Journal of Pediatric Neurosciences
NEUROIMAGING
Year
: 2006  |  Volume : 1  |  Issue : 2  |  Page : 72-

Quadrigeminal cistern herniating into an occipital encephalocele


Manish Kumar Kasliwal, Deepak K Gupta, Ashok K Mahapatra 
 Department of Neurosurgery, Neurosciences Centre, All India Institute of Medical Sciences, New Delhi, India

Correspondence Address:
Ashok K Mahapatra
Department of Neurosurgery, Neurosciences Centre, All India Institute of Medical Sciences, New Delhi - 110 029
India




How to cite this article:
Kasliwal MK, Gupta DK, Mahapatra AK. Quadrigeminal cistern herniating into an occipital encephalocele.J Pediatr Neurosci 2006;1:72-72


How to cite this URL:
Kasliwal MK, Gupta DK, Mahapatra AK. Quadrigeminal cistern herniating into an occipital encephalocele. J Pediatr Neurosci [serial online] 2006 [cited 2020 Oct 28 ];1:72-72
Available from: https://www.pediatricneurosciences.com/text.asp?2006/1/2/72/27459


Full Text

A 1-year-old child was admitted to our department with complaints of rapidly enlarging head and a swelling at the back of head with delayed developmental milestones. On examination, the child had an enlarged head with tense anterior fontanelle. There was a soft compressible nonpulsatile swelling at the back of occiput with a bony defect. A diagnosis of occipital encephalocele with associated hydrocephalus was made. Magnetic resonance imaging done to confirm the diagnosis and rule out a myriad of other associated anomalies revealed gross hydrocephalus along with an occipital encephalocele consisting of minimal brain tissue filled with cerebrospinal fluid (CSF) with the quadrigeminal cistern and ventricular system herniation into it [Figure 1],[Figure 2]. Surgery was performed, and a ventriculo-peritoneal shunt along with the repair of encephalocele was done. The child had an uneventful postoperative course.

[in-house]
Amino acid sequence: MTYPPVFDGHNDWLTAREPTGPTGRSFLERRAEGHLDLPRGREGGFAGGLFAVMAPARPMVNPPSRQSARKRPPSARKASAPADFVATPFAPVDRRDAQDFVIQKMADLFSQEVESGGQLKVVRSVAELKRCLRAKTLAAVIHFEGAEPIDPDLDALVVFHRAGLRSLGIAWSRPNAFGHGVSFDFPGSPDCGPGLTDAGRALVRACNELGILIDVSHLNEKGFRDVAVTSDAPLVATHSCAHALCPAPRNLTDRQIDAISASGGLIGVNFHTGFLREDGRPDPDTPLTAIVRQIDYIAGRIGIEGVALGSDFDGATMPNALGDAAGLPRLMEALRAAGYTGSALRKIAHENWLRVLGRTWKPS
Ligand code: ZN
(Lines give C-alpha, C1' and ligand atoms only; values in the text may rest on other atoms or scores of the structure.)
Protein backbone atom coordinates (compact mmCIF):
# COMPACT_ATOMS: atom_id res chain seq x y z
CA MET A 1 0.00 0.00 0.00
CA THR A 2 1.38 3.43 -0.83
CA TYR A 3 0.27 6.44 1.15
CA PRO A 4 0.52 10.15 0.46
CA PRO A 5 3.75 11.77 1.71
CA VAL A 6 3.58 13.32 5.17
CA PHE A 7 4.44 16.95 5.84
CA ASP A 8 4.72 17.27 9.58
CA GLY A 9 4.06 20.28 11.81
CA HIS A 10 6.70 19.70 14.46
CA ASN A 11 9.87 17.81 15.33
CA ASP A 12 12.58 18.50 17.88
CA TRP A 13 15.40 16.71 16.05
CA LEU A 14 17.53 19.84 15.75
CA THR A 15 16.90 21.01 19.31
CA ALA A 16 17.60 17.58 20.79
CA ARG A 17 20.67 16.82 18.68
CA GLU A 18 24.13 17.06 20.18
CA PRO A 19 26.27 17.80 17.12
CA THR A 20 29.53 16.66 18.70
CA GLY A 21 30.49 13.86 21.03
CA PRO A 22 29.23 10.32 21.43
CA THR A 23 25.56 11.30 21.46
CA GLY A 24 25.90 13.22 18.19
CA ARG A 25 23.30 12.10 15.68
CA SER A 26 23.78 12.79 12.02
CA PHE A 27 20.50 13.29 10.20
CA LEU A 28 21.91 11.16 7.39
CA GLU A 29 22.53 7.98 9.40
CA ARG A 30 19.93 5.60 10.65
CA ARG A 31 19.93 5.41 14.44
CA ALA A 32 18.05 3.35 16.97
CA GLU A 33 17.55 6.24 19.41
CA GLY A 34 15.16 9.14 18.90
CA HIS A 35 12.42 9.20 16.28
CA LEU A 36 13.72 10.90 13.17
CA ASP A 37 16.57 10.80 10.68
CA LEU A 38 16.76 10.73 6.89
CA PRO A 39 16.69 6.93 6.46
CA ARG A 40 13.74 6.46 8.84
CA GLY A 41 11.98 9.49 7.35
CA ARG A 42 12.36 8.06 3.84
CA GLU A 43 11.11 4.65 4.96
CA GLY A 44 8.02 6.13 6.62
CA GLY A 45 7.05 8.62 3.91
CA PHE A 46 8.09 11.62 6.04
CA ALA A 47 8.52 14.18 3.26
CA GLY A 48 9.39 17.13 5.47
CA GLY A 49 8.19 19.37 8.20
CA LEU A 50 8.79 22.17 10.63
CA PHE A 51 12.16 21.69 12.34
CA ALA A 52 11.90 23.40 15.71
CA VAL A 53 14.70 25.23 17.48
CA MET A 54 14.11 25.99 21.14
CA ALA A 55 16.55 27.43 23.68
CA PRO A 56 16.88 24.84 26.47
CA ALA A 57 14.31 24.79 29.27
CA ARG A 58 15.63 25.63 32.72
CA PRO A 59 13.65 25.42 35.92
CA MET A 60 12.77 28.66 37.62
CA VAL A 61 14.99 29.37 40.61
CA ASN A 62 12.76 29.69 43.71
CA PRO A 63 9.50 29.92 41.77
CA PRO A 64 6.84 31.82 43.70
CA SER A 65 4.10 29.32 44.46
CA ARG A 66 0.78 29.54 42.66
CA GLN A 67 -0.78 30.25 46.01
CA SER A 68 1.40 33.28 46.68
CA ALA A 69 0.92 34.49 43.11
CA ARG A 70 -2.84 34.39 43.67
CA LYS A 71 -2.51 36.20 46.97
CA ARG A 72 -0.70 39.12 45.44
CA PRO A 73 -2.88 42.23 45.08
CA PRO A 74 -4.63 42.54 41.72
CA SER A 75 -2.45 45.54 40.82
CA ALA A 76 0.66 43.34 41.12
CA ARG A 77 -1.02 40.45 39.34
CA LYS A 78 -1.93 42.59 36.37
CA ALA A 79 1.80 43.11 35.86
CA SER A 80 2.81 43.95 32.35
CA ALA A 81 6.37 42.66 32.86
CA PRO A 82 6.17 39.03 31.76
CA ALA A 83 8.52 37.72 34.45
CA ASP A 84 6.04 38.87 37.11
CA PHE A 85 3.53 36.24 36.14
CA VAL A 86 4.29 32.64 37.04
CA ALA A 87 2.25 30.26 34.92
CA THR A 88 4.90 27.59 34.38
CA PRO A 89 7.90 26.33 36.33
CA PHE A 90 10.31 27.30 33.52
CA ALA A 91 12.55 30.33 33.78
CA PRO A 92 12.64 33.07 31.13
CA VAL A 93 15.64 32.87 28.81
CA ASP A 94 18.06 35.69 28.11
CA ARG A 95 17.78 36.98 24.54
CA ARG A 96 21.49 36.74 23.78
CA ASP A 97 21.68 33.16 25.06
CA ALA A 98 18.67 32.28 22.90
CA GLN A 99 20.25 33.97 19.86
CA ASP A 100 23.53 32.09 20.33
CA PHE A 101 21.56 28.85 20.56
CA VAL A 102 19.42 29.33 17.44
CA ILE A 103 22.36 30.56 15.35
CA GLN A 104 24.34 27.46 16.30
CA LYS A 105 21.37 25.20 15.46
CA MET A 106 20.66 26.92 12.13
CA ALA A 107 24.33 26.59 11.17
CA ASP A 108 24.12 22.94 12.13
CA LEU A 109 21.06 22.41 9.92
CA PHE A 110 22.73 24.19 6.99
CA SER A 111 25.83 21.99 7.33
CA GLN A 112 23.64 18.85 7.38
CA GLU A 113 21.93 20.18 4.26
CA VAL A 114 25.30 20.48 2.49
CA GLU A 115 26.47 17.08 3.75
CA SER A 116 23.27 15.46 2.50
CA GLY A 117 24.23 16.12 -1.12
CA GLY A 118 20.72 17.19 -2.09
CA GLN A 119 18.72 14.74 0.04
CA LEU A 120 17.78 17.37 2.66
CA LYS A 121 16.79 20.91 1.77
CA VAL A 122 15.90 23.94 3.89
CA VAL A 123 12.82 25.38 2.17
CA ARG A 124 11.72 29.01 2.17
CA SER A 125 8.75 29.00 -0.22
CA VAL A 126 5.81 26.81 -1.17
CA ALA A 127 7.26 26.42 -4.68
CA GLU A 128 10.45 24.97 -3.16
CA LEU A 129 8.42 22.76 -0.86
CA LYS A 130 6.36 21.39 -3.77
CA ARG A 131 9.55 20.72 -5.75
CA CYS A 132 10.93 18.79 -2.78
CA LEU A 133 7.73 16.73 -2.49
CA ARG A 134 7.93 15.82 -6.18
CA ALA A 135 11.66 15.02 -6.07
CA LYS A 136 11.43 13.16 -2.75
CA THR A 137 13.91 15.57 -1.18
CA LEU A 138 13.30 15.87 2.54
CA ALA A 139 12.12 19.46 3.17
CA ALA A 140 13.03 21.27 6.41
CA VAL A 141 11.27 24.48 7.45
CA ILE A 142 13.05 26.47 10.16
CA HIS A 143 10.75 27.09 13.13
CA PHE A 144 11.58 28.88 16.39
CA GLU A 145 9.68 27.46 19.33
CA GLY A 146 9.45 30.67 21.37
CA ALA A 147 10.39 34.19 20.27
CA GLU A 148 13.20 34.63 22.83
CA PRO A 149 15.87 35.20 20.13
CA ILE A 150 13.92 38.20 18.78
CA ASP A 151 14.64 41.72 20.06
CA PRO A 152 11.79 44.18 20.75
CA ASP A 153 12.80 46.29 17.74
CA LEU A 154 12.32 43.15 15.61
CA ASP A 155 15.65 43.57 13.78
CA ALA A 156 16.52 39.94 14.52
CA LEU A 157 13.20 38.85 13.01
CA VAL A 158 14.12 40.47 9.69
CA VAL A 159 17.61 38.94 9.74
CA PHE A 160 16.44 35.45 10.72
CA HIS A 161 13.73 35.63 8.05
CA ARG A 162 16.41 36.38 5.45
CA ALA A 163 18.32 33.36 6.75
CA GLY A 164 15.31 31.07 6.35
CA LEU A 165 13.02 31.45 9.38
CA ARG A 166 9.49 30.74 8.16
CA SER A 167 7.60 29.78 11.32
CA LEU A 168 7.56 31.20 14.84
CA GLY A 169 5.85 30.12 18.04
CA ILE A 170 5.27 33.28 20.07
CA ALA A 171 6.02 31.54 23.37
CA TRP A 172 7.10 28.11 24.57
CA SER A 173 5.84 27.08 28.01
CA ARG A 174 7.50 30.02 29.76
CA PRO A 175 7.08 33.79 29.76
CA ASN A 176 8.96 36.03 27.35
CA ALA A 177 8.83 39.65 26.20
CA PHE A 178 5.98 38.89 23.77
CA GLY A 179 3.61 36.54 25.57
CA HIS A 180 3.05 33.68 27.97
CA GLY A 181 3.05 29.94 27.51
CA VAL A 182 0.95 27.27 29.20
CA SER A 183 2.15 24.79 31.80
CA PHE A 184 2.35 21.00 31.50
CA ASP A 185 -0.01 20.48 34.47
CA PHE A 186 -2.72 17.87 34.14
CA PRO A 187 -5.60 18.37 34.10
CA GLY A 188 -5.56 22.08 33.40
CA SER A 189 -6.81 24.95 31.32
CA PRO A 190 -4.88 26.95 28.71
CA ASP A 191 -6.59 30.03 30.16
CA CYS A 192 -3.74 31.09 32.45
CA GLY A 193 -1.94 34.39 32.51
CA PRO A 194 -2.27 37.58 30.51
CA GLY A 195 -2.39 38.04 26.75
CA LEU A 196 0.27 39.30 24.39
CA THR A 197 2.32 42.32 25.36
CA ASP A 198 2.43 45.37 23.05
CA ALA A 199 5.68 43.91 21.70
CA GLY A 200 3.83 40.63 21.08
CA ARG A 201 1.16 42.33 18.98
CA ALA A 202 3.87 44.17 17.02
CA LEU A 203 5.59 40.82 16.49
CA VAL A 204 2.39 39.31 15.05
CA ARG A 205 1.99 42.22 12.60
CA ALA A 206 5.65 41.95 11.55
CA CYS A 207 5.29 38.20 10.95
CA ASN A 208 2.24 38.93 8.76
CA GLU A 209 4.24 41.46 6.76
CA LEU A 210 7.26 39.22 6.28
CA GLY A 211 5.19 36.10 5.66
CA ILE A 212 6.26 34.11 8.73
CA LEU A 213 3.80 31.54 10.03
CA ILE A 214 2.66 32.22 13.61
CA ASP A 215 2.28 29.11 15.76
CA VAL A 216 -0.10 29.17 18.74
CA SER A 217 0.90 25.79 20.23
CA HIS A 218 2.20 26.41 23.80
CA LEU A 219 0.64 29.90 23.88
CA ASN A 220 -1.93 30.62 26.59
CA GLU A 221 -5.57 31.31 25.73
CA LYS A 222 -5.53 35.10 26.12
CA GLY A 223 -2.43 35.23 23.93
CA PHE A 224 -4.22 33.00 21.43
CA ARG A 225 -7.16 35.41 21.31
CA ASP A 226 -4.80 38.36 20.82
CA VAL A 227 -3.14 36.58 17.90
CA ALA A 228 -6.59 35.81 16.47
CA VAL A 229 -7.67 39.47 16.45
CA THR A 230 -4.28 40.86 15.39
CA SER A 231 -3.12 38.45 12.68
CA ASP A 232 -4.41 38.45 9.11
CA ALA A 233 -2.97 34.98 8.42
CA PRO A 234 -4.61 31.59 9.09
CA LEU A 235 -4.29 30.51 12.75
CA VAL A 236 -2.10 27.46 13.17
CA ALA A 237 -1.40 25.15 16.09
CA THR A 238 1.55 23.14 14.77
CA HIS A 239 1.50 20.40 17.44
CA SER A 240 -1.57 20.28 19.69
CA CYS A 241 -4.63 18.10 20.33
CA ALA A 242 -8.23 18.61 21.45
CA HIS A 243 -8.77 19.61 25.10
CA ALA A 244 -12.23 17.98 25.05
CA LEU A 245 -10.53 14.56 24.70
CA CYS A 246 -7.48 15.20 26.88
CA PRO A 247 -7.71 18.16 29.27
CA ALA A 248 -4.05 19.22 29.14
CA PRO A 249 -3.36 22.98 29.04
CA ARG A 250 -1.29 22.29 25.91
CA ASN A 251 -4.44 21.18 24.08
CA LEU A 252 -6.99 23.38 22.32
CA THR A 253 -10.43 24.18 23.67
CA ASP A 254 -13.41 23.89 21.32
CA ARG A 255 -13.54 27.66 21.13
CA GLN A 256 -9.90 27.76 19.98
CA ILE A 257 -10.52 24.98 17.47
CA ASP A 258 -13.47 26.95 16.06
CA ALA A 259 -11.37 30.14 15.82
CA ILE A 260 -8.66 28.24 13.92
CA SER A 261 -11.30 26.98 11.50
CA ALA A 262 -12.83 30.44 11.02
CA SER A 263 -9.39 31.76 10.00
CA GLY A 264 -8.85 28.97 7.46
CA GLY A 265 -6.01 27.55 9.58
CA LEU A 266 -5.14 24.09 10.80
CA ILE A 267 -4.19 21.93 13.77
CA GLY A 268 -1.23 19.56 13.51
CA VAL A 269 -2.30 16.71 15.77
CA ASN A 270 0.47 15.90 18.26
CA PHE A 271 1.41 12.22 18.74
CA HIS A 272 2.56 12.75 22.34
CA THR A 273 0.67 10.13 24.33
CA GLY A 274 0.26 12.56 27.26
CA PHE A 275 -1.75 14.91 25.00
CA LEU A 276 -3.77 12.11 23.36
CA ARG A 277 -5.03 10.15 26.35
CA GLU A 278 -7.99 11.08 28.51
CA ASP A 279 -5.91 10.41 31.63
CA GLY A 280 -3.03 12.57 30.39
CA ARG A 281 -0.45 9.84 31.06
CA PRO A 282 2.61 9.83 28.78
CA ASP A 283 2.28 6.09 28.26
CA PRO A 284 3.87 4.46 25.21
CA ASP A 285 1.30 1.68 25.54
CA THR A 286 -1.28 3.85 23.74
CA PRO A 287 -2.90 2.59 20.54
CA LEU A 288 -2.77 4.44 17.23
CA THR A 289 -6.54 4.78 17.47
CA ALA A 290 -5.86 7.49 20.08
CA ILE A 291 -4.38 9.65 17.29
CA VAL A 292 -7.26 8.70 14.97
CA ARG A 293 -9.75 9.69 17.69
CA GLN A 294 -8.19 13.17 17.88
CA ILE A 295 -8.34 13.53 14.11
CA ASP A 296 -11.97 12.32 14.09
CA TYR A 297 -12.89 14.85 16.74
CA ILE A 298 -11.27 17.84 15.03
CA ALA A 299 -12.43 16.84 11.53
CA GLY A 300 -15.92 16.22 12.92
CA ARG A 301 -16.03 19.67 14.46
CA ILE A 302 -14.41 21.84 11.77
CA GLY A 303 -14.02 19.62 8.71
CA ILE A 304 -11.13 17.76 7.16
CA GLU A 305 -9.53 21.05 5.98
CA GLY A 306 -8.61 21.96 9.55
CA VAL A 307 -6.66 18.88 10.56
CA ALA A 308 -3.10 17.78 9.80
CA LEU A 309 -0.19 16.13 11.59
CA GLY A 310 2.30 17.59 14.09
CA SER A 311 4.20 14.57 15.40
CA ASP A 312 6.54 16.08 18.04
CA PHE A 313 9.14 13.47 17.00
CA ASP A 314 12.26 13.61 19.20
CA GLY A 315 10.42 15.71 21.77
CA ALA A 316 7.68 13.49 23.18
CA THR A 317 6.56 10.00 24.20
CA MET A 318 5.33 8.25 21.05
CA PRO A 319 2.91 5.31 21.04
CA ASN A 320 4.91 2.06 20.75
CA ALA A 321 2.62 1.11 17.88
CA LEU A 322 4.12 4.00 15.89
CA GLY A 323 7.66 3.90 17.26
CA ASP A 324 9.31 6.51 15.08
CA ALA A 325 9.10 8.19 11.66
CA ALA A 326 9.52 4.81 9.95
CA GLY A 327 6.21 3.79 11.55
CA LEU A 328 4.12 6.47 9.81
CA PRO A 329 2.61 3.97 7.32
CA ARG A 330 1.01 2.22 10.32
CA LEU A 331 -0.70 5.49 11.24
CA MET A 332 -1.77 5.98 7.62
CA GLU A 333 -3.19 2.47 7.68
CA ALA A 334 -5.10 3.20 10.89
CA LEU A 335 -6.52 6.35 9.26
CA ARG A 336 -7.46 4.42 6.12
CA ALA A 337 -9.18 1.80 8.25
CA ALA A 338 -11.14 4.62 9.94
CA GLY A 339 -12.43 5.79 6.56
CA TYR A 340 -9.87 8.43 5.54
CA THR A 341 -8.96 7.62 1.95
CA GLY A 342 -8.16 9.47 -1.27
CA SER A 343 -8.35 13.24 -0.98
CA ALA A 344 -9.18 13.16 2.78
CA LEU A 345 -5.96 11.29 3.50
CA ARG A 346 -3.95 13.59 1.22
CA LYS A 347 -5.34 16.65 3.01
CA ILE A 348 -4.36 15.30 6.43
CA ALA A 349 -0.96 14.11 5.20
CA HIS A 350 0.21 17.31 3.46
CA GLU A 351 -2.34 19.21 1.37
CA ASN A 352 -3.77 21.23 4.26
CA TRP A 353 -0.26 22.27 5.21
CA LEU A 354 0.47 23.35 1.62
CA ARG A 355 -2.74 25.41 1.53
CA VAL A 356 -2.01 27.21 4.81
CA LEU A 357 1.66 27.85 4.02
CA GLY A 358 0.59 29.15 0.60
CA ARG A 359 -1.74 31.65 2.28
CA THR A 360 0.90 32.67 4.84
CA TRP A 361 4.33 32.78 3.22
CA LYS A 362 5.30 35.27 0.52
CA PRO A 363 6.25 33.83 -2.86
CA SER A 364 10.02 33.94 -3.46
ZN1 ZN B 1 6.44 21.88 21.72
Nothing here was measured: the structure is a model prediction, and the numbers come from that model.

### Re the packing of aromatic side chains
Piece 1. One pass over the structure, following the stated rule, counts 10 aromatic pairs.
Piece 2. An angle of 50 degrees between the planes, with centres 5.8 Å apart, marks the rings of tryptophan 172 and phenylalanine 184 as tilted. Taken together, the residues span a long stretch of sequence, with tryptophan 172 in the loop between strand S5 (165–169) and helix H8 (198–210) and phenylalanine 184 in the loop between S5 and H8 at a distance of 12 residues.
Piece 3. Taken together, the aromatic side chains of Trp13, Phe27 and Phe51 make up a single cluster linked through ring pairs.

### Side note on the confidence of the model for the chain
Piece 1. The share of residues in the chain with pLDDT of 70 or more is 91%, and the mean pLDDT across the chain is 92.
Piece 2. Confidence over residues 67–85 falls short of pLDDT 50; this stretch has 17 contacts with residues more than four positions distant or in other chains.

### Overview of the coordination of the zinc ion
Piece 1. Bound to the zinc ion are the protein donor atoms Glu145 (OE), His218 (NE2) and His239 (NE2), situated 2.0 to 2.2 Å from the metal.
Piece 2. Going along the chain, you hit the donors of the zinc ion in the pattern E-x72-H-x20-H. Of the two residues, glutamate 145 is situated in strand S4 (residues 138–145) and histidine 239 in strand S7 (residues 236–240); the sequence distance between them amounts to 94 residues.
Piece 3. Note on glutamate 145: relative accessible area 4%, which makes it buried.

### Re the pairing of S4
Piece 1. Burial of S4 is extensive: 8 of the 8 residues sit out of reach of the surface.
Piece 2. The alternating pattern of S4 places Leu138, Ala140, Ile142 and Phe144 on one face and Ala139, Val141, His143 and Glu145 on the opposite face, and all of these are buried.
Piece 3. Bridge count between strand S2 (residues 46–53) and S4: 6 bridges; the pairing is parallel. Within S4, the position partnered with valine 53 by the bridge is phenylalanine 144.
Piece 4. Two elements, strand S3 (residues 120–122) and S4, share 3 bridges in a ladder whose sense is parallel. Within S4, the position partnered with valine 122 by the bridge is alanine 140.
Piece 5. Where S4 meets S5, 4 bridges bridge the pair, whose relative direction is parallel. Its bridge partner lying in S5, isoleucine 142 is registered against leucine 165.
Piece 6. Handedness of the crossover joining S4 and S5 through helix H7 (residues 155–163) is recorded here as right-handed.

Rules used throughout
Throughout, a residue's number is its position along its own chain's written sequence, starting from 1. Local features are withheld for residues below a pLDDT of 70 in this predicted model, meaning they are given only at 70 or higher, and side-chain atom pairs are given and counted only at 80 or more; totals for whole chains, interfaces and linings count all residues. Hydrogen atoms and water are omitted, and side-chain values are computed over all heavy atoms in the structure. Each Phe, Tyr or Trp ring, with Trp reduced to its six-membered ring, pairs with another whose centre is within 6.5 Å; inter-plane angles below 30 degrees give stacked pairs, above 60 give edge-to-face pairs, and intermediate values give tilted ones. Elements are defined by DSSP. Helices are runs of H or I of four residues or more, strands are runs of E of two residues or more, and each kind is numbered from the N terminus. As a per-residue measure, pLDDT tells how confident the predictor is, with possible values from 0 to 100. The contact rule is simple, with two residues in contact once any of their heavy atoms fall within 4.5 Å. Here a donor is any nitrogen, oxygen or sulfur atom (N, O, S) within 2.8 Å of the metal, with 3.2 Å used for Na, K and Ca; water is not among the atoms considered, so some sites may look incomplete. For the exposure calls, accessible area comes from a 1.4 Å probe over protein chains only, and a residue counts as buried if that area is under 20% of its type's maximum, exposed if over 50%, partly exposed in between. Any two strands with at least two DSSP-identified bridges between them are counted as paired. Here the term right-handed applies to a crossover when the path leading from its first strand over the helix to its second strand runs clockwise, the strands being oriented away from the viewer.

Discussion



A cephalocele is a protrusion of the cranial contents beyond the normal confines of the skull and can be a meningocele, encephalomeningocele or a hydroencephalomeningocele, which consists of a herniation of brain tissue, meninges and a portion of ventricles in the sac.[1] The images presented here quite clearly depict the quadrigeminal cistern herniating into the sac. The prognosis of these congenital lesions is guarded, with the posterior ones having a worse prognosis than the anterior encephaloceles. Presence of neural tissue in the sac and associated hydrocephalus requiring shunt predicts a worse prognosis in posterior encephaloceles.[2] The management of these lesions can be quite challenging, often due to associated hydrocephalus. Though the operative morbidity and mortality have became quite low, quite a number of children are impaired due to the presence of associated malformations.[1],[2]

References

1Simpson DA, David DJ, White J. Cephaloceles: Treatment, outcome and antenatal diagnosis. Neurosurgery 1984;15:14-21.
2Brown MS, Sheridan-Pereira M. Outlook for the child with a cephalocele. Pediatrics 1992;90:914-9.